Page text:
Bring On The ‘Star Wars: The Force Awakens’ Spoilers Because We Love Them

Senior Entertainment Writer
02.20.15 22 Comments
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Lucasfilm

It’s roughly 10 months until the release of Star Wars: The Force Awakens, and I feel fairly confident that I have a good idea of the plot of the movie. I won’t share any of this information in this piece, but if someone asked me to describe what happens in the movie, I’m fairly sure that I could. I don’t know everything, but I think I have the major beats down.

Now, no one ruined the movie for me. I sought most of this information out by either asking “people in the know” or by reading rumor sites. (There’s actually a huge spoiler floating around right now on those very sites.) When the information from “people in the know” lines up with rumor sites, well, I think we’ve got something. And the thing is, I am so happy about this. I love spoilers. I especially like Star Wars spoilers. If there was a way to know what happens at the end of Episode IX right now, I’d want to know. Tell it all to me.

Now, I’m sure not everything I’ve heard is 100 percent true. I remember before Attack of the Clones came out, there was a rumor that Kitster, Anakin’s friend on Tatooine, would up being Boba Fett. You see, that’s why they seemed so familiar with each other in The Empire Strikes Back. It all made perfect sense! There was also a rumor that the Empire ravaged Naboo, which later became Dagobah. I also bought into this rumor because it sounded fun, but made no sense that anyone would look at a war-torn Naboo and say, “Well, I guess we should rename the place. How does Dagobah sound?”

The first movie I saw in a movie theater, back in 1980 when I was five years old, was The Empire Strikes Back. Now, I wouldn’t say I was spoiled, but I had a good amount of The Empire Strikes Back related toys, and I had a large amount of The Empire Strikes Back trading cards. (At The Dissolve, Noel Murray did a great job summing up the joys of owning these trading cards.) Between these, I had a pretty good sense of what was going to happen in the movie, sans the big Vader reveal at the end. (It’s weird to remember how I felt about that reveal at the time, I remember there was a consensus that Vader was lying.)

By the time the original Star Wars was re-released in theaters in 1981, I already knew everything that happened in that movie. First, I had already seen Ben Kenobi as a ghost in Empire, so I knew things would end badly for him, plus I had the Star Wars storybook – so, watching that movie for the first time was basically watching my storybook come to life. I knew the plot, but the movie was still a thrill.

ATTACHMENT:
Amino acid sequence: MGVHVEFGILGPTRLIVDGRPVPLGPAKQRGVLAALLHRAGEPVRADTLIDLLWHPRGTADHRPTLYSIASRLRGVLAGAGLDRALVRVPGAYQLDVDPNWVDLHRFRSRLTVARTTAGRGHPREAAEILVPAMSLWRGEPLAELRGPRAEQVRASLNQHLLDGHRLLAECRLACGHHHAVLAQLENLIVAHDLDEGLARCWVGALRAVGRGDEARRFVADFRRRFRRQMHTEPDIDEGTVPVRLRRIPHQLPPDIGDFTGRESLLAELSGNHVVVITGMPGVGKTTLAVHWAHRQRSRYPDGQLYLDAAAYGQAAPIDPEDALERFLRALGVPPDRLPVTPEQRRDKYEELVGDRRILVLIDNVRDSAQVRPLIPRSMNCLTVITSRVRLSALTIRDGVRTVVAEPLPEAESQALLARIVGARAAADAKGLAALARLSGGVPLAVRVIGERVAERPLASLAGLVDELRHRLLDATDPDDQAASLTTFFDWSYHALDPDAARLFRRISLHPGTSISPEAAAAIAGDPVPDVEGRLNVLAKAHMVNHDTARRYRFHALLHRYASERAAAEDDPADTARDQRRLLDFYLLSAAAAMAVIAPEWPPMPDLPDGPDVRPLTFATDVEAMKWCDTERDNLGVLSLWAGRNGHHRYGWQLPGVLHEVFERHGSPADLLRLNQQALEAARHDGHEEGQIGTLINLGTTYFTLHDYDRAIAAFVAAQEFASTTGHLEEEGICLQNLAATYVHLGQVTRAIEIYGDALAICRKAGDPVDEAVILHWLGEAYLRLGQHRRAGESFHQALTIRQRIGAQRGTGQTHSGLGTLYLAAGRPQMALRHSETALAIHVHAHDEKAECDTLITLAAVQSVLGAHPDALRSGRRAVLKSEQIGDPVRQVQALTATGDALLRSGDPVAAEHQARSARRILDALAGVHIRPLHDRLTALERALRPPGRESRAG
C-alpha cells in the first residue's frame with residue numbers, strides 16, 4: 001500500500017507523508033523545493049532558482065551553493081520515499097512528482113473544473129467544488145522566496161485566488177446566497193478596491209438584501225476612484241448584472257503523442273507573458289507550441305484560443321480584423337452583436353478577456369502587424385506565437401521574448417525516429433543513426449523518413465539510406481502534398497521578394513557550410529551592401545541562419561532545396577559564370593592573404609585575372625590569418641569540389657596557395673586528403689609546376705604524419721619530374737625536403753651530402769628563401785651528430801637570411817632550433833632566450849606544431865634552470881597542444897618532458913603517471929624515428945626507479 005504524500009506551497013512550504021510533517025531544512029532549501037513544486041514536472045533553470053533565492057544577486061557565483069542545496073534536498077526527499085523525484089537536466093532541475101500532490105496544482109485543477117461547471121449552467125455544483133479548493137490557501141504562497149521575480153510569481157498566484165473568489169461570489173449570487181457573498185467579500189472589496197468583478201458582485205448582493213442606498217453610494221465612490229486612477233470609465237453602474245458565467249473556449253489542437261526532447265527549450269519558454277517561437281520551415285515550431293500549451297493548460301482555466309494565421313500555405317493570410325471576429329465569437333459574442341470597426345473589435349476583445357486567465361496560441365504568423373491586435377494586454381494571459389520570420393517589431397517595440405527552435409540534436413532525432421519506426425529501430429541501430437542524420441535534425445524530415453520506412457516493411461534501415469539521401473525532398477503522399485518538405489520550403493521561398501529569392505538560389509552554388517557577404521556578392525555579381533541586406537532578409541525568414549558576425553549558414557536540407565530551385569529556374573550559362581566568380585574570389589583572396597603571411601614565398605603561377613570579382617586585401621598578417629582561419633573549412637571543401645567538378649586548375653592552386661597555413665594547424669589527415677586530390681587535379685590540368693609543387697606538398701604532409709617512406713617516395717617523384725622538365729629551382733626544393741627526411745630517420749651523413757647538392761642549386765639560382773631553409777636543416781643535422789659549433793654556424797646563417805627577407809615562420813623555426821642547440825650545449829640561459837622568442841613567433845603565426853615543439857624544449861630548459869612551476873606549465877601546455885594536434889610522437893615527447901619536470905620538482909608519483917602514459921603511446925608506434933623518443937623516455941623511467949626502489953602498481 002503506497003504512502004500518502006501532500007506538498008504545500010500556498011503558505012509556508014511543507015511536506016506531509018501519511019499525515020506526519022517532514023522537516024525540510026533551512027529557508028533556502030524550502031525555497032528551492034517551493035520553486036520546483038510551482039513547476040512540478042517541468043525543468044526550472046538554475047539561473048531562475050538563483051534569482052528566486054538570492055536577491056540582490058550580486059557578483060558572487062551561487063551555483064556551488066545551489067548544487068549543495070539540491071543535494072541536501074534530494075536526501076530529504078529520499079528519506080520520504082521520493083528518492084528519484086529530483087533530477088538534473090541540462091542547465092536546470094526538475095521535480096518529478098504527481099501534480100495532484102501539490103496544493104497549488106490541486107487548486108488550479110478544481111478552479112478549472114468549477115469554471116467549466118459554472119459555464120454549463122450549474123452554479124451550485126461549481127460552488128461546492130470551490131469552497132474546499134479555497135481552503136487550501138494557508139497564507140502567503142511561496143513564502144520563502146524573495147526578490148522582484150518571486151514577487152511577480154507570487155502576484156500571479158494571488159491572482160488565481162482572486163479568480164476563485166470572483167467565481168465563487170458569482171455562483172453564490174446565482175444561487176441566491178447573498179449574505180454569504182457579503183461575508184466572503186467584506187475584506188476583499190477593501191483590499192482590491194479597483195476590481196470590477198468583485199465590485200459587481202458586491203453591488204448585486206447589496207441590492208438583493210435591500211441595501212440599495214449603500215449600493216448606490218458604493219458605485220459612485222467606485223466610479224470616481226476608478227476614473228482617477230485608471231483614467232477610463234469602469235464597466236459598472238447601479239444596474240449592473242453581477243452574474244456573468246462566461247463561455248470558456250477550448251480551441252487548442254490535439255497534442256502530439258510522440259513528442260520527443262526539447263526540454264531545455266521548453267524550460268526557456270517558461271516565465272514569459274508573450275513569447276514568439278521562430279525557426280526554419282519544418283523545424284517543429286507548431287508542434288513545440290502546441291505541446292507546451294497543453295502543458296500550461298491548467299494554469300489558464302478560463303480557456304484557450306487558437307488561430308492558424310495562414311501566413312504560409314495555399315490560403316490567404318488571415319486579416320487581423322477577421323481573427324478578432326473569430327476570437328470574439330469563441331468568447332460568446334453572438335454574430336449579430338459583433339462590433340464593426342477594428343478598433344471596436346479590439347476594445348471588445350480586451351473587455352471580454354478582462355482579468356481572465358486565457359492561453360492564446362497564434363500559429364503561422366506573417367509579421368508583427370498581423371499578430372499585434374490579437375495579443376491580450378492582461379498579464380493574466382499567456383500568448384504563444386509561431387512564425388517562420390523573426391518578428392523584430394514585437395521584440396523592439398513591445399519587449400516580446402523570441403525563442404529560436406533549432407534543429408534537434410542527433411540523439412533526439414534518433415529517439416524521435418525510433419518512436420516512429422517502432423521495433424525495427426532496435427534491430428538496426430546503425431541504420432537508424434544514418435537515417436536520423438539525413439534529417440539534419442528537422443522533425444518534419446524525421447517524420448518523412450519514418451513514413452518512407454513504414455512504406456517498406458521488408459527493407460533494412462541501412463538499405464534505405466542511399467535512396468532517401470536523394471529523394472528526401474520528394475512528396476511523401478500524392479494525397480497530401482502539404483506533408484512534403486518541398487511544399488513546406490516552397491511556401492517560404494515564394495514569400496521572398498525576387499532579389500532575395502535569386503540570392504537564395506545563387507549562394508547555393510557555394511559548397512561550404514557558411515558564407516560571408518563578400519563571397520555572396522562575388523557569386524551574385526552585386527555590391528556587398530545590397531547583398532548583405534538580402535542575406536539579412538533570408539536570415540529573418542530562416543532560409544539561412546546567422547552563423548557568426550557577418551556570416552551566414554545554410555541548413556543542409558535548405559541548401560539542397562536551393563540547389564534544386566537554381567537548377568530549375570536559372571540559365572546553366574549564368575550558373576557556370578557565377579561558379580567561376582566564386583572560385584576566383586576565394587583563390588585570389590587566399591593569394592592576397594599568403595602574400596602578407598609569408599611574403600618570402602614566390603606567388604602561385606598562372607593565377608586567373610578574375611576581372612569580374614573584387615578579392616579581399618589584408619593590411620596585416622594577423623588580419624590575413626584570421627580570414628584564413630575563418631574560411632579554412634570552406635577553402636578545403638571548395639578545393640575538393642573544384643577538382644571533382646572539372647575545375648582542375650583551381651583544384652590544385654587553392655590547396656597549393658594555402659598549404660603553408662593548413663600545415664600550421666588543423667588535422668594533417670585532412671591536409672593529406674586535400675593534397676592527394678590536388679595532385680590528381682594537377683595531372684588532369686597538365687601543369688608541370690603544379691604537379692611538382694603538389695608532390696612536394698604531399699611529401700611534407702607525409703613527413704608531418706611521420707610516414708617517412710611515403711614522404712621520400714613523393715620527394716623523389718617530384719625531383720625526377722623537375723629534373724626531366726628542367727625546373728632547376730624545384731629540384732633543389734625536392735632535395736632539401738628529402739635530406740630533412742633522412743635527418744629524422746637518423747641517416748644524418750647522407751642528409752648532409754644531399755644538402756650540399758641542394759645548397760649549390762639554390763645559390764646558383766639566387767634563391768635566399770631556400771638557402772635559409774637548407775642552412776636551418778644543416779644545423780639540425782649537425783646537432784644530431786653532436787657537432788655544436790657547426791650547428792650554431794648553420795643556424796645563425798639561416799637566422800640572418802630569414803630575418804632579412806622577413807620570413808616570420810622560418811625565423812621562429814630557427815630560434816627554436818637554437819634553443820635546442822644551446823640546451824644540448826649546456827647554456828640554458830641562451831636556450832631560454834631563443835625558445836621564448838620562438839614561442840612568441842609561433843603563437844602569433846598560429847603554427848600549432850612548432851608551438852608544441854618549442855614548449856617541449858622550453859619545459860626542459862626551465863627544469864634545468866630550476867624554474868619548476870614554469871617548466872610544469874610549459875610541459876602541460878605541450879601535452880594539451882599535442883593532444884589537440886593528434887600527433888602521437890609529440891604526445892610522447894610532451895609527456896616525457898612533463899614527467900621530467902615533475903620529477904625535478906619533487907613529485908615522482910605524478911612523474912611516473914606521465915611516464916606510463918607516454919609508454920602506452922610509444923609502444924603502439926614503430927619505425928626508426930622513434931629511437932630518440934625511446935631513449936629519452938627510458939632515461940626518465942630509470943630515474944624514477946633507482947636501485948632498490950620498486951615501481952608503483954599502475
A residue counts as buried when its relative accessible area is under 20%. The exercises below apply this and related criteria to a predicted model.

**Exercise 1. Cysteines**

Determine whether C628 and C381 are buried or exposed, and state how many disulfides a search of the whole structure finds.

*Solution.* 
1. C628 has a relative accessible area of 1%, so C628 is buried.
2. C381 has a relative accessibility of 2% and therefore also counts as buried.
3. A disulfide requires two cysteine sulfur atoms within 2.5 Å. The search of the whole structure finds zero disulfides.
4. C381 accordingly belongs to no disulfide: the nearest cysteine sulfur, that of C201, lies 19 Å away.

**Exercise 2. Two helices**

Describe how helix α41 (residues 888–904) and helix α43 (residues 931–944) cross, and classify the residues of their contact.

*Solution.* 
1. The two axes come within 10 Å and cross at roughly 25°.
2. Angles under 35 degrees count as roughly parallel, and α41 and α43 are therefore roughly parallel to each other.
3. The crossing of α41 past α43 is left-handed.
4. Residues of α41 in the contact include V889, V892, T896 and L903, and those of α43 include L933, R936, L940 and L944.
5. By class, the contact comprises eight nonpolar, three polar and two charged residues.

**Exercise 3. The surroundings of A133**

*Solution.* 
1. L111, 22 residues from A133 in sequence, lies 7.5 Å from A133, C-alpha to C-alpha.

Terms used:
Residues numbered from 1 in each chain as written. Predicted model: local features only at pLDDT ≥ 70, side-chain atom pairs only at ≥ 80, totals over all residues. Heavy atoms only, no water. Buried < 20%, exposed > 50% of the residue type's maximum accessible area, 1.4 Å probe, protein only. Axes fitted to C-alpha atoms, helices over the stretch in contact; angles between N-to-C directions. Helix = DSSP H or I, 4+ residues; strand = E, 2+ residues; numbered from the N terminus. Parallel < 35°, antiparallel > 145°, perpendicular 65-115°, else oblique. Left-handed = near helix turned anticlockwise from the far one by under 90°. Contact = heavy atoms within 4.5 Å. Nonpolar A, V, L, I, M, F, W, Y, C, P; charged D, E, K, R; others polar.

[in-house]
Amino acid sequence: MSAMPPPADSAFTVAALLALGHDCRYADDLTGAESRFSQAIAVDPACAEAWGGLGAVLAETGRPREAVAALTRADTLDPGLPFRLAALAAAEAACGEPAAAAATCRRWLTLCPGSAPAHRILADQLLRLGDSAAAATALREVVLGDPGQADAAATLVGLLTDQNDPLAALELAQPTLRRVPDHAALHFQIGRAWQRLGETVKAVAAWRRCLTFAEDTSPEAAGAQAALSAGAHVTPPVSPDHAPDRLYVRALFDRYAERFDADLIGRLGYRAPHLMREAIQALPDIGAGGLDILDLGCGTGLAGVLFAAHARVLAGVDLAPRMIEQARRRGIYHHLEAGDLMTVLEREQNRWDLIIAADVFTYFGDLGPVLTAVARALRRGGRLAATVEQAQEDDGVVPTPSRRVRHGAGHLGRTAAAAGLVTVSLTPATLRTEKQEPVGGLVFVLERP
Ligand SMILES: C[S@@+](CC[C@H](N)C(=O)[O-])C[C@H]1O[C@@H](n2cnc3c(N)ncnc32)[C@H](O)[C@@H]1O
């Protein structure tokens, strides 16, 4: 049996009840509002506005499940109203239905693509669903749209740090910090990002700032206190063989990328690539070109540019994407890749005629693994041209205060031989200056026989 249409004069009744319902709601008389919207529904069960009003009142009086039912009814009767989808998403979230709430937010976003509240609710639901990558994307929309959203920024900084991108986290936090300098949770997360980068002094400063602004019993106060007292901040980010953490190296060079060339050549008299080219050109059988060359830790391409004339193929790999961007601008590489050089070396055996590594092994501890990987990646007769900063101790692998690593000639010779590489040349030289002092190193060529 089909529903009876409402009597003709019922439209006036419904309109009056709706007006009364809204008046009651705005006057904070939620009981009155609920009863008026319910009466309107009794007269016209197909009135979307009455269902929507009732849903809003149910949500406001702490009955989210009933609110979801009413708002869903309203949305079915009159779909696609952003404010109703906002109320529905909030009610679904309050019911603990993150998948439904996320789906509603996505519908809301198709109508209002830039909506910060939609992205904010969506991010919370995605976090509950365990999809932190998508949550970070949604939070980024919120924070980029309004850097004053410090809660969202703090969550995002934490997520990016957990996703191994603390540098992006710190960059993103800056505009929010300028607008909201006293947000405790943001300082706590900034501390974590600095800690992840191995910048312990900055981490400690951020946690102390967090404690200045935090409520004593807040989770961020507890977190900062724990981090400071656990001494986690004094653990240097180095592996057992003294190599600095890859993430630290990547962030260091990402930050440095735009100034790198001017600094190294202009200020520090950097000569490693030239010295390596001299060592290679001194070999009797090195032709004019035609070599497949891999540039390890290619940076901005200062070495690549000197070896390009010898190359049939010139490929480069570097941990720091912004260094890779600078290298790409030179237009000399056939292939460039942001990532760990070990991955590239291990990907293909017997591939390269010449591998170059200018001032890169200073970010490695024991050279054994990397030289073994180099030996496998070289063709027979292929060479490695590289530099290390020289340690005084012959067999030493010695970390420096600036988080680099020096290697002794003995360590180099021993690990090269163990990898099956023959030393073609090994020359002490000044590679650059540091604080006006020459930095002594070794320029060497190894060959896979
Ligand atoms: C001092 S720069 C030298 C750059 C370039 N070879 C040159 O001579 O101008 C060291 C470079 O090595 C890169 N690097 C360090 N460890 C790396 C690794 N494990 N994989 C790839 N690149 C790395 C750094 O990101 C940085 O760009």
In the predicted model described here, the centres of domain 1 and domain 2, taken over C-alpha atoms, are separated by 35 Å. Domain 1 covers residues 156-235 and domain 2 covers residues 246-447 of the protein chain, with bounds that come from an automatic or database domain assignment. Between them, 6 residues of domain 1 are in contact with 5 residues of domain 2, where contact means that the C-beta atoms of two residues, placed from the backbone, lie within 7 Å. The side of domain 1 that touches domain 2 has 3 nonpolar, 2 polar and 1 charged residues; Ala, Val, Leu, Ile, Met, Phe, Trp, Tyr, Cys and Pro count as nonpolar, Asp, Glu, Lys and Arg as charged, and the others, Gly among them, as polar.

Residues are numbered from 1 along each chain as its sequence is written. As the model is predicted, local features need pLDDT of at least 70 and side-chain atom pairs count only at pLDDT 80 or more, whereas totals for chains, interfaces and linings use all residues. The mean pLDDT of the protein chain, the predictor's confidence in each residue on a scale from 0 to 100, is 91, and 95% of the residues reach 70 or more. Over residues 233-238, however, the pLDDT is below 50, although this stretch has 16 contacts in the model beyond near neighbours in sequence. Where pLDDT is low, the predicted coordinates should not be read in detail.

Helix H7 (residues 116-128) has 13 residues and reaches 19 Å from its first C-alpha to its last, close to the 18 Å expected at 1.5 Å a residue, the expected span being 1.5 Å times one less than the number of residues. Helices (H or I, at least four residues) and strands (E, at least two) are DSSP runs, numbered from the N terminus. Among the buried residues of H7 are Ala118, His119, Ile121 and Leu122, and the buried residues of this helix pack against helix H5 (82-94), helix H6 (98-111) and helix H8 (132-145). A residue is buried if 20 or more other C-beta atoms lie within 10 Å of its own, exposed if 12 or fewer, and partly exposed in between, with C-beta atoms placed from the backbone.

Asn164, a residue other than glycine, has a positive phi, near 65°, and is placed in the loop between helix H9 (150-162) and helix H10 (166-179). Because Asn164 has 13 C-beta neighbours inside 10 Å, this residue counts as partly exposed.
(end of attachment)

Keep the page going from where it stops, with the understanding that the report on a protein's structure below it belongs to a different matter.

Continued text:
When I was in third grade, a classmate brought the Return of the Jedi storybook to school one day, and I devoured it during recess. I remember the most shocking thing for me was the look of the Biker Scouts – they looked so cool! It’s funny, the big cliffhanger of Empire was the fate of Han Solo, who had been frozen in carbonite near the end of the film, yet Harrison Ford was featured prominently in all of the marketing for Return of the Jedi. There wasn’t even an attempt to keep Solo’s fate a mystery, by the time the first trailers hit, it was basically announcing to the world, “See, he’s fine.”

I do wonder how this would play today. Would people be mad? I suspect people would be mad. People today get mad today over a lot less than that. I do think that would be considered an enormous spoiler, yet, in 1983, it was an afterthought. I find this interesting.

The Star Wars film I knew the least about before I saw it was The Phantom Menace, even though I read every rumor on the Internet. I did now that Qui-Gon Jinn died because there was a track on the soundtrack that revealed his death. Now, looking back, I suspect the lack of any huge spoilers was that so little happens in that movie, there wasn’t much to spoil. (“Oh my God, you won’t believe how these intergalactic trade negotiations turn out! HUGE SPOILER ALERT.”)

By the time we got to Revenge of the Sith, I had already read the novelization before I saw the film (I know this sounds crazy, but the book is really good!) – and the book had more information in it than the movie did. I was over-spoiled.

Having said all of this, if the novelization for The Force Awakens came out today, I would read it right now. J.J. Abrams himself recently admitted he’s not too upset about the spoilers out there. I don’t understand how knowing what happens makes the movie less enjoyable for some people. Now, I respect those wishes, but knowing information beforehand actually enhances it for me. It’s almost as if I don’t have to process the pure information as much and can concentrate more on the pure spectacle. I don’t know, I’m just guessing. The point is: I like spoilers.

As an aside, in early 2013, a friend of mine “in the know” told me that he knew the plot to the ultra-secretive Star Trek Into Darkness. (Not surprisingly, J.J. Abrams’ last film before The Force Awakens.) One night, over drinks, he asked if I want to know the plot of the movie. I giddily answered that of course I did. He told the story of the movie in about 20 minutes. Granted, he’s a great storyteller — a true raconteur — which enhanced this whole experience, but I was riveted. I can honestly say that I had a better time listening to my friend’s interpretation of Star Trek Into Darkness than I did watching the actual movie. Not because he had spoiled it, just because it was such a fun experience listening to him talk about Star Trek.

Anyway, bring on the spoilers. I’m listening.

Mike Ryan has written for The Huffington Post, Wired, Vanity Fair and New York. He is senior entertainment writer at Uproxx. You can contact him directly on Twitter.

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